One such battle involves Roran riding a horse halfway across the kingdom to win a battle in less than a week. Why? What was the point to that? It served no purpose to the plot, the city wasn't anywhere near where the characters were headed, obviously, and Roran did not grow as a character during this excursion. After winning, he just went right back to the main army where he was to begin with, having learned nothing, and not having been strengthened by his ordeal. We didn't see any new sides of him, and the entire thing is mentioned in passing maybe twice during the rest of the book. Why? Why did we need to spend 100+ pages on this? We didn't, because it was completely irrelevant to the plot. The only thing of note that happens in the first 300 pages is the acquisition of the completely unpronouncable Spear of Dues Ex Machina, which could very easily have been obtained at Dras-Leona, leaving this entire beginning out all together. Or better yet, not at all, allowing the characters to use their own strength to triumph in the end rather than relying on magical artifacts that basically fall out of the freaking sky into their hands.
After that considerably bloated section of filler, the book's actual plot begins with the siege of Dras-Leona, where Murtagh and Thorn have arrived in defense. As the Varden wait outside the walls, Eragon trains against the elves with his sword, and with the disembodied Dragon Glaedr in strengthening his mind, basically relearning things he has spent the last two books learning. A lot of nothing interesting happens, and then a way into the city is found.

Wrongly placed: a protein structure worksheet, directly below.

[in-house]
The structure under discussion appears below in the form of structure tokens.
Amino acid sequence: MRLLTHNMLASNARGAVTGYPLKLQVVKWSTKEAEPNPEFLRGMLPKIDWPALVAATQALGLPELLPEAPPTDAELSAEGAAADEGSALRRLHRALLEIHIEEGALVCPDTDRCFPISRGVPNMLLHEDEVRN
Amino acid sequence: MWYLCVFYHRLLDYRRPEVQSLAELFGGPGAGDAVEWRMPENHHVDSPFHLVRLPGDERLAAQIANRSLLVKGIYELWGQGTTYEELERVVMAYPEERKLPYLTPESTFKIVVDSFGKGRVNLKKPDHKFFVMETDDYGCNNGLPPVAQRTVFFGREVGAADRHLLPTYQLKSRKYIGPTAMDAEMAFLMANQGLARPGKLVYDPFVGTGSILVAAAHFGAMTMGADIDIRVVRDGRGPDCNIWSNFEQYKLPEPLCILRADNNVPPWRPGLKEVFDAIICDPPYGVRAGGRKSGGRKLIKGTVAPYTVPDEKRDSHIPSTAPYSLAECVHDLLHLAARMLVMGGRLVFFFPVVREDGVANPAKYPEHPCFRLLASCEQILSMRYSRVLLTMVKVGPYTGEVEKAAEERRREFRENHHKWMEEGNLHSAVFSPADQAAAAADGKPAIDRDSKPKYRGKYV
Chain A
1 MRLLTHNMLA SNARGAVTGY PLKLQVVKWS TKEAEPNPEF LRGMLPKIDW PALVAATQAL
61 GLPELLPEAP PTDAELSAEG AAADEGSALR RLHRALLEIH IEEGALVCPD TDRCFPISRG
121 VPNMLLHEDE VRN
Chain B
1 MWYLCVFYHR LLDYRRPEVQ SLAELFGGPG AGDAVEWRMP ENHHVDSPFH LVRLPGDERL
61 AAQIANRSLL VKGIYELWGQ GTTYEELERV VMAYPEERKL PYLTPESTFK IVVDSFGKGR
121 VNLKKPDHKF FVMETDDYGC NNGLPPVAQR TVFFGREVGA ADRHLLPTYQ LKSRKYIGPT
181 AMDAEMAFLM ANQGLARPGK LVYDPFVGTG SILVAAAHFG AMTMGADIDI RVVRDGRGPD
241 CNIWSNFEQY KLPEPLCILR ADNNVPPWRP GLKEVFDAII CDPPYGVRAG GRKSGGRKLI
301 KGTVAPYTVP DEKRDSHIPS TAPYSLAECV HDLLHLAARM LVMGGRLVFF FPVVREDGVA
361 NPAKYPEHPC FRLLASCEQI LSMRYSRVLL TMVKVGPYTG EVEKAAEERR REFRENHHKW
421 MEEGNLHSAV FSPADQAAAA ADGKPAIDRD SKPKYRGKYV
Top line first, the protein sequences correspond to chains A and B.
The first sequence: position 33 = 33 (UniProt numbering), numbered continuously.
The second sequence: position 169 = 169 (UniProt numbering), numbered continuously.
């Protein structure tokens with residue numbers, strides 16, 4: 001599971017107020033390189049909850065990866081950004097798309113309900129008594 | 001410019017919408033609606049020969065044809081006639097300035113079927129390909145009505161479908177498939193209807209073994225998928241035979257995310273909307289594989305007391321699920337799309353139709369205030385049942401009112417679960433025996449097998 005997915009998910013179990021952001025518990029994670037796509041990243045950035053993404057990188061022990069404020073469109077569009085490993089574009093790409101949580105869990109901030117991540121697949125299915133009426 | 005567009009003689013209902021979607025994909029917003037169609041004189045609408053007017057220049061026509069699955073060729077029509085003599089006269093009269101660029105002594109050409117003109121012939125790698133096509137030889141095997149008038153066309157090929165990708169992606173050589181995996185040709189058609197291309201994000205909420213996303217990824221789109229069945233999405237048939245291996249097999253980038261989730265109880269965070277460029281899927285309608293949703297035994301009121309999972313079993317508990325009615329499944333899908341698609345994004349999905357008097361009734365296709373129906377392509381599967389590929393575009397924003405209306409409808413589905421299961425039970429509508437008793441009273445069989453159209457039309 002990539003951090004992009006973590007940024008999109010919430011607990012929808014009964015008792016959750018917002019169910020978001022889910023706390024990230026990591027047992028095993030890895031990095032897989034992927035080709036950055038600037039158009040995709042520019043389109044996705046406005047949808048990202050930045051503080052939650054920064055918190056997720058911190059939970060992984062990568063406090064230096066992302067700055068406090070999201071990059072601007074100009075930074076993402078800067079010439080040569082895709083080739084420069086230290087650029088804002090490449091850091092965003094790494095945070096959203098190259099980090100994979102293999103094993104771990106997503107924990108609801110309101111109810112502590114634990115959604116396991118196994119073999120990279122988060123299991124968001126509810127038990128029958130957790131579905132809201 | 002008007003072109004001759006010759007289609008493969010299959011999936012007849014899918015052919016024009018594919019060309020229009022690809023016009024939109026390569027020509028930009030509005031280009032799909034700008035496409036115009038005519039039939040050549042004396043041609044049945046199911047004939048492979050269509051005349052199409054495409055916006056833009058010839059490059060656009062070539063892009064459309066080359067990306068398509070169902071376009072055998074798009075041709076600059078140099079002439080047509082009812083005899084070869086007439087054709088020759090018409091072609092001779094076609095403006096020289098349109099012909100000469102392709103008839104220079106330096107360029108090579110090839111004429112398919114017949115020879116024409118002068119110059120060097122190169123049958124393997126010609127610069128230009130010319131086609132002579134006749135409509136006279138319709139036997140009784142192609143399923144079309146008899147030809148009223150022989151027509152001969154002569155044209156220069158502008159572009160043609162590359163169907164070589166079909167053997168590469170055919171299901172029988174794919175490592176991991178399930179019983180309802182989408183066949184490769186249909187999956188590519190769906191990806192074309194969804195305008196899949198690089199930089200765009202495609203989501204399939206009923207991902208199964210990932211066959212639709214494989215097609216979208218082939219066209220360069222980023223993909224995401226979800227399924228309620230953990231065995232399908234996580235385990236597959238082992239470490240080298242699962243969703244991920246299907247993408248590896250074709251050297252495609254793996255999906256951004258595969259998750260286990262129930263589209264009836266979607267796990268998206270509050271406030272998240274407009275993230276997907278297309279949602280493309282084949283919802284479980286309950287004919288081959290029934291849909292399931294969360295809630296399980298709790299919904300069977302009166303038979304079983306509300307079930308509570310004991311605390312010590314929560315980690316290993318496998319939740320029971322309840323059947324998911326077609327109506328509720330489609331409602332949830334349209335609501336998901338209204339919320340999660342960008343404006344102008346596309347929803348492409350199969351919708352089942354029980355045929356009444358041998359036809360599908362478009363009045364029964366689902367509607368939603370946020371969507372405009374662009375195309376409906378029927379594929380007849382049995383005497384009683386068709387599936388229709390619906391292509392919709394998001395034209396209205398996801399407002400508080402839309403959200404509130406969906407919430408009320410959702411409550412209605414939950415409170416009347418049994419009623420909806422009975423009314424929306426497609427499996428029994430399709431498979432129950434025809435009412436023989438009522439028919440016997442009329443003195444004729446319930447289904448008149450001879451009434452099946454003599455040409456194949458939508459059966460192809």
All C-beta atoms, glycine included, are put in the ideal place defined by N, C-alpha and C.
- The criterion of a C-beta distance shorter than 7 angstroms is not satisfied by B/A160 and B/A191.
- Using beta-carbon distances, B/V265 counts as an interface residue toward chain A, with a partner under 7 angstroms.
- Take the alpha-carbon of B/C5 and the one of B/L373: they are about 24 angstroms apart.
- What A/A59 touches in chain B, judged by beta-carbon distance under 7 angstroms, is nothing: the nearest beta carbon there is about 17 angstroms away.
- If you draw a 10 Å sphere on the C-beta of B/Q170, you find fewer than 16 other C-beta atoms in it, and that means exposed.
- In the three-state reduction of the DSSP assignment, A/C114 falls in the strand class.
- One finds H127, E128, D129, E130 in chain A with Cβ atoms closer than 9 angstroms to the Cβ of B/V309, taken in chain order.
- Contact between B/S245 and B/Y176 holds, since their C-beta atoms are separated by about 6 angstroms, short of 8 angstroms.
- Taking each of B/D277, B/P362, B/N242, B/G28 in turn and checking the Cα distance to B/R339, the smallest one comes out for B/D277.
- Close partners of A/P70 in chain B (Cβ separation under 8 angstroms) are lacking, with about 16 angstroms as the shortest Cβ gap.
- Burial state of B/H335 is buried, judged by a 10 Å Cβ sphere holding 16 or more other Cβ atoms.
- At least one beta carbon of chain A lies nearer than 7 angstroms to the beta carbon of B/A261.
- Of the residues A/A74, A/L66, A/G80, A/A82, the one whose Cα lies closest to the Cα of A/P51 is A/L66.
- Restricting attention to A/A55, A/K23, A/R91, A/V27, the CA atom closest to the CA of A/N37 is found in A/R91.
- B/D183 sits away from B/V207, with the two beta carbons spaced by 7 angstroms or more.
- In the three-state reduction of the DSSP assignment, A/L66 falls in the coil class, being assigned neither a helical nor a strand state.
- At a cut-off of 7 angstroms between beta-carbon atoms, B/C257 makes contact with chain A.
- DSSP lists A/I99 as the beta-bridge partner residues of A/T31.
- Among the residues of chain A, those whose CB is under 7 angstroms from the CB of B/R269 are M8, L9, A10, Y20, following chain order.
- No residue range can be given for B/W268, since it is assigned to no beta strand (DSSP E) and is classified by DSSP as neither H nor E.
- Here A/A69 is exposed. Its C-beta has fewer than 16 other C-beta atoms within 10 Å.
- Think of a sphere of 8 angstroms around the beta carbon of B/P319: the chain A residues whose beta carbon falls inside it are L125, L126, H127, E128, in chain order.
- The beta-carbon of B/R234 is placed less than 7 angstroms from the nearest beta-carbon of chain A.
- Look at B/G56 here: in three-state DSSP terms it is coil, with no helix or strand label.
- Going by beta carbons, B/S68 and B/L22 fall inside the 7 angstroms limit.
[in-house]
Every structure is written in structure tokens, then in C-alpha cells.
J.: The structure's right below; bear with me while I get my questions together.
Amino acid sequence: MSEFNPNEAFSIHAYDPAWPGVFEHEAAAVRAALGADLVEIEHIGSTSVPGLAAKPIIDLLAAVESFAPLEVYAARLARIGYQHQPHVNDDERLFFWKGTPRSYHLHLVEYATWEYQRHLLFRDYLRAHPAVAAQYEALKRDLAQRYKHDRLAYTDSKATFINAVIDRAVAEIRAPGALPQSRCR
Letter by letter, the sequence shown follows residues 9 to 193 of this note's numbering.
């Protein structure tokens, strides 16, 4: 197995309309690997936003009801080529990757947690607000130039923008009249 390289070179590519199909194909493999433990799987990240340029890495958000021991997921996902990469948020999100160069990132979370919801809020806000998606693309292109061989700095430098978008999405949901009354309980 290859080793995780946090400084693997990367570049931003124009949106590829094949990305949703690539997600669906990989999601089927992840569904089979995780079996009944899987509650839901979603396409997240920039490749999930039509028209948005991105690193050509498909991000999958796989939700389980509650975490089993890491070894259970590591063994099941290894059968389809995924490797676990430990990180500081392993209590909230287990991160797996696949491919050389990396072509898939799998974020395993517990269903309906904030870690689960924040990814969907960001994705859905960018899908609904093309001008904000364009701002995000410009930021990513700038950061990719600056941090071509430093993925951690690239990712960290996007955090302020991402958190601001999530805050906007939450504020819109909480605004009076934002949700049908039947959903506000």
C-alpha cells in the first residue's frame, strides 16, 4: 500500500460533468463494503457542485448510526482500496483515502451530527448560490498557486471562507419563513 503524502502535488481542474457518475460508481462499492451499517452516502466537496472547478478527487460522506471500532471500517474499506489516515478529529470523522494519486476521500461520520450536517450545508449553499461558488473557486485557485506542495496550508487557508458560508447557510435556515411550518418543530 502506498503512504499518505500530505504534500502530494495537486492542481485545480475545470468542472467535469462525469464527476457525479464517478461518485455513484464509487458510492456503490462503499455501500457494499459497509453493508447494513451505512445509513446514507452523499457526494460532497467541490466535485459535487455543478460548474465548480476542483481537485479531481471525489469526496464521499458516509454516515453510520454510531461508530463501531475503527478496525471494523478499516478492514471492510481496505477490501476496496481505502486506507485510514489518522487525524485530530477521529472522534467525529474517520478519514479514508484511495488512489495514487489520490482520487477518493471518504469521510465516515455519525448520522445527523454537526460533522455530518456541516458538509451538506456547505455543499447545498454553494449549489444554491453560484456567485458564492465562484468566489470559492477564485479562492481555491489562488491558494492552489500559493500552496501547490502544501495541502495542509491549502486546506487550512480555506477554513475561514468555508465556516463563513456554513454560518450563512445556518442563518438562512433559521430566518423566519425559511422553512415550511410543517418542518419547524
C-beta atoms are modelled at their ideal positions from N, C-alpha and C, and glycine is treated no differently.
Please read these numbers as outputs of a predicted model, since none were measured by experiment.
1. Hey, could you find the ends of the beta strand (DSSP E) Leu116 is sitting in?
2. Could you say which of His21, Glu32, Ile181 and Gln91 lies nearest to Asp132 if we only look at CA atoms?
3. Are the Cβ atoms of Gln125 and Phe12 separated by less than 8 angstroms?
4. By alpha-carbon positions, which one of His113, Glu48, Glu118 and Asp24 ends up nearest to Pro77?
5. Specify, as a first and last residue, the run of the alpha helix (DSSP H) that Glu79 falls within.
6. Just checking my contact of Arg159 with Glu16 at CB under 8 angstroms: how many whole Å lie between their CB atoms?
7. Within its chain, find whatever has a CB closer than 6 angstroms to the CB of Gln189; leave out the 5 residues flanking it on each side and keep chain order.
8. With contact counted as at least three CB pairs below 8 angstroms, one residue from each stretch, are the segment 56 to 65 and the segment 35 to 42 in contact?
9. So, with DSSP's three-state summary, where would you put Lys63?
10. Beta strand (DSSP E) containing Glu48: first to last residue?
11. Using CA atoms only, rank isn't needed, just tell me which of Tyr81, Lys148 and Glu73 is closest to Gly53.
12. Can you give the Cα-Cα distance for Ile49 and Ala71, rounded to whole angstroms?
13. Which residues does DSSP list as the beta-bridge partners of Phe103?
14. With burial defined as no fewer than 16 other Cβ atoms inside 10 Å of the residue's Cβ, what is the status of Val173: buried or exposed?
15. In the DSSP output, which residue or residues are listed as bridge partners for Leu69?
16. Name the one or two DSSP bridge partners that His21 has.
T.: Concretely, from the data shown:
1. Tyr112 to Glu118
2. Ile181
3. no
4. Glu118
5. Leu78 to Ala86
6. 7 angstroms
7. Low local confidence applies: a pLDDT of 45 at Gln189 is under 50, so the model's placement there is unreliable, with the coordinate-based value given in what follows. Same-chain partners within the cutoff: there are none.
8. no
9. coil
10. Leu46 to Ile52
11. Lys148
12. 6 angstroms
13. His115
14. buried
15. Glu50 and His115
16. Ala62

In comparison to the rest of the book, the conquest of Dras-Leona is a relatively well done, and exciting diversion from the hundreds of pages of meh yet to come. A few horrors befall those sent inside to open the gates, placing characters that were basically gods in the first 300 pages in real mortal peril, and the battle itself is rather entertaining if you can turn your brain off for most of it and just roll with Paolini's complete lack of skill in writing action scenes. Pointless gore does not make an action scene exciting, especially if it is not realistic, serving no real purpose except to distract from the fact that there's no real skill put into crafting a compelling battle scene full of tension and horror. It sets the Varden up to strike at the very heart of the kingdom, Uru'Baen, where Galbatorix sits waiting for their arrival.
The defeated Murtagh attacks in the night after the victory and kidnaps Nasuada, leader of the Varden, taking her back to be personally questioned and tortured by the king, in another extremely long and irrelevant plotline that ultimately leads nowhere. Again, why? Why do we need 100+ pages of Nasuada, a relatively MINOR character being tortured? What does this add to the story? I could see if maybe she turned to the figurative dark side, or if she pretended to so she could betray the king at the most opportune moment, giving Eragon the chance he needs to defeat him. But no, she is bound and gagged during the entire final confrontation, contributing nothing except a sudden case of Damsel in Distress Syndrome. Eragon didn't even realize she was there at first. Why was so much time and attention paid to a completely irrelevant subplot like this when there were elements of the actual story that needed so much more fleshing out?
Following the business model of the Underpants Gnomes, Eragon becomes the leader of the Varden because ... and leaves to go hunting down a prophecy that may hold the key to defeating the king. This is another part of the story that, in comparison to the rest, is relatively well done. Eragon flies to the old stronghold of the Riders, seeing for himself the grandeur that was, and the ruin left by their fall. There's quite a bit of history given, and some decent character development. However, it feels very rushed, and they find a treasure trove of dues ex machina, that basically gives Eragon the ability to stand up to the king without really trying very hard to find a way to defeat or outsmart him. Again, why was so much of this book spent on irrelevant filler, when this part was in dire need of fleshing out?